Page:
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Nemo - Coma CD (album) cover

COMA

Nemo

 

Eclectic Prog

4.20 | 249 ratings

From Progarchives.com, the ultimate progressive rock music website

Aussie-Byrd-Brother
Special Collaborator
Rock Progressivo Italiano Team
5 stars 2015 brings the ninth and very possibly final album `Coma' from eclectic French prog group Nemo. Back at the start of the year, the band announced they were taking an indefinite hiatus, citing a mix of the difficulties of working in the current music climate, exhaustion and simply the need for a break. However, were it to be the end of the road for the group, they were still determined to release a fitting final album, and fans of the group should find `Coma' a more than satisfying finale. Not as dense or overlong as many of their previous works, the six pieces that make up the 56 minute album are frequently more instantly approachable than on many of their other albums, but there's still plenty of Nemo's signature mix of heavy guitars, delicate piano and Jean-Pierre Louveton's darkly crooning vocals.

Opener `Le Coma des Mortels' bursts with blasts of ragged guitars and dirty Black Sabbath-like riffing without ever becoming heavy metal, breaking away in the middle for a deeply personal and soulful wounded vocal from Jean-Pierre above sparkling piano, warm acoustic guitar and gorgeous murmuring bass. Epic electric guitar and keyboard duelling opens `Train Fant'me' , gives way to slinking bass and a thoughtful melodic tune before muscular riffs batter gutsy Hammond organ blaring. Despite heavier bursts, the shorter `Coma'ne' has several folky themes with a sweeter vocal, and it makes a nice break from the longer brooding moments of the disc.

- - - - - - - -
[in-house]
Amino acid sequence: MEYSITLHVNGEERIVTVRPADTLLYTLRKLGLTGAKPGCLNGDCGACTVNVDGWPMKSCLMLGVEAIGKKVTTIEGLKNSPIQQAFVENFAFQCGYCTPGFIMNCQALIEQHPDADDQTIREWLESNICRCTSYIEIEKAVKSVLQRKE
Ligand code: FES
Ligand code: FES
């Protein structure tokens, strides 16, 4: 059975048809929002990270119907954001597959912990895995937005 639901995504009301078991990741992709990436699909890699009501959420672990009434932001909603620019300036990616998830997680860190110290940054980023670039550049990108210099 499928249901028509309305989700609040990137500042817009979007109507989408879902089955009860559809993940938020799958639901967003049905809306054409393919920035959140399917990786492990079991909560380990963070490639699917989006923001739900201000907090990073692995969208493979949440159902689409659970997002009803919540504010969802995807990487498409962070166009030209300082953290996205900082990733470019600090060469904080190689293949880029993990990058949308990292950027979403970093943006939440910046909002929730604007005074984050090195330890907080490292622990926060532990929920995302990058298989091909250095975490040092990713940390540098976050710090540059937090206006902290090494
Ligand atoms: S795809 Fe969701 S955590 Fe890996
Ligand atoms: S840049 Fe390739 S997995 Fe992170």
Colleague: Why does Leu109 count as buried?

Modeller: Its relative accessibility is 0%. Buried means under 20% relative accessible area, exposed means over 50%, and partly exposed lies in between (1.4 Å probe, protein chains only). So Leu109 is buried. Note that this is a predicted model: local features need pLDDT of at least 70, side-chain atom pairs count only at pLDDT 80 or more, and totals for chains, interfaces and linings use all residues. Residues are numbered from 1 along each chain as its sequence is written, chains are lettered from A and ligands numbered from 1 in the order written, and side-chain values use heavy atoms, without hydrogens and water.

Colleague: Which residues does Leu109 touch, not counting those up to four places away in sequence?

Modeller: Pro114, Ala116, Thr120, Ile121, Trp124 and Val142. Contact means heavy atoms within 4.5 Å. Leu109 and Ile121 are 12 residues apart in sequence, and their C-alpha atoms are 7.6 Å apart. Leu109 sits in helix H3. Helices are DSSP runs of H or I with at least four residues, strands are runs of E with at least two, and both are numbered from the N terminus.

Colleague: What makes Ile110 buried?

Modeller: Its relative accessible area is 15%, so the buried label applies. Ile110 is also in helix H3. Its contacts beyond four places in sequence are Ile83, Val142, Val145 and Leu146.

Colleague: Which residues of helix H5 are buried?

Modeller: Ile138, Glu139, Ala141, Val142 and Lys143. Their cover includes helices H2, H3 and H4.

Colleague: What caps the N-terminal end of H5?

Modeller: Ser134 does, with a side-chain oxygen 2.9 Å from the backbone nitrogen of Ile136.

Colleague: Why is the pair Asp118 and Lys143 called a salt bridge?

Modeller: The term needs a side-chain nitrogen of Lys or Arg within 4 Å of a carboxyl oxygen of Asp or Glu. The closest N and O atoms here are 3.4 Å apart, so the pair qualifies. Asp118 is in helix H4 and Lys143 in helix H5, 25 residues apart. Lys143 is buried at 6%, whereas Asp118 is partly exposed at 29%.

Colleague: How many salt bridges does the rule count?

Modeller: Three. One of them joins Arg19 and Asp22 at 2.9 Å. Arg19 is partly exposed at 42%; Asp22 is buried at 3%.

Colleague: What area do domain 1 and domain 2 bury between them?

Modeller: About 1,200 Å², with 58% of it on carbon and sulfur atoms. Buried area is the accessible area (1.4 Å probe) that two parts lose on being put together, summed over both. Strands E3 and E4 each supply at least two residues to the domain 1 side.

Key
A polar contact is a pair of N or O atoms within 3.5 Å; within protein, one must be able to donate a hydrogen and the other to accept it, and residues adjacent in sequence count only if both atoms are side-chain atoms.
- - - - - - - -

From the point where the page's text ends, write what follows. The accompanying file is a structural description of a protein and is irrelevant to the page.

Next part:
Seventies David Gilmour-style bluesy wailing, sprinklings of nimble-fingered jazzy electric piano, hard driving drumming and relentless bass powers through the infectious `St Guy', one of the best instrumental tracks to appear on a progressive album in 2015. The sad beauty of `Tu n'es Pas Seul' holds a carefully pleading and insistent chorus, with reflective chiming guitars and fluid bass all building in urgency with restraint. The twelve minute album closer title track `Coma' hits with epic power, built around lengthy instrumental builds of everything from thrashing metallic riffing runs, jazzy interludes, blitzkrieg keyboards and a soaring vocal. The piece is melancholic but not without hope, and frequently lifts to become victorious and life-affirming. If this is to turn out to be Nemo's final track, then the band went out on the perfect curtain call.

It may not be quite as aggressive or involved as some parts of their previous albums, and there are just little traces of a band starting to coast a little with a subtle melancholic weariness in a few spots, but this really holds everything fans of the group would want to hear. The harmonies and melodies are more instantly obvious here, and the album is perhaps even a little more accessible than previous works that would actually make it ideal for newcomers to the group, despite the fact that they'll likely only have a back catalogue to explore if they are impressed with by what they find here. But if this is the end of the road for Nemo, the band can be exceptionally proud of a consistently strong run of albums over their career that have held up well to constant repeated listens, a true achievement. `Coma' not only proves that the band was a winner right until the end, but they just might have delivered the best album of their career, and possibly even one of the best progressive rock releases of 2015.

Four and a half stars - Don't go, Nemo!

Aussie-Byrd-Brother | 5/5 |

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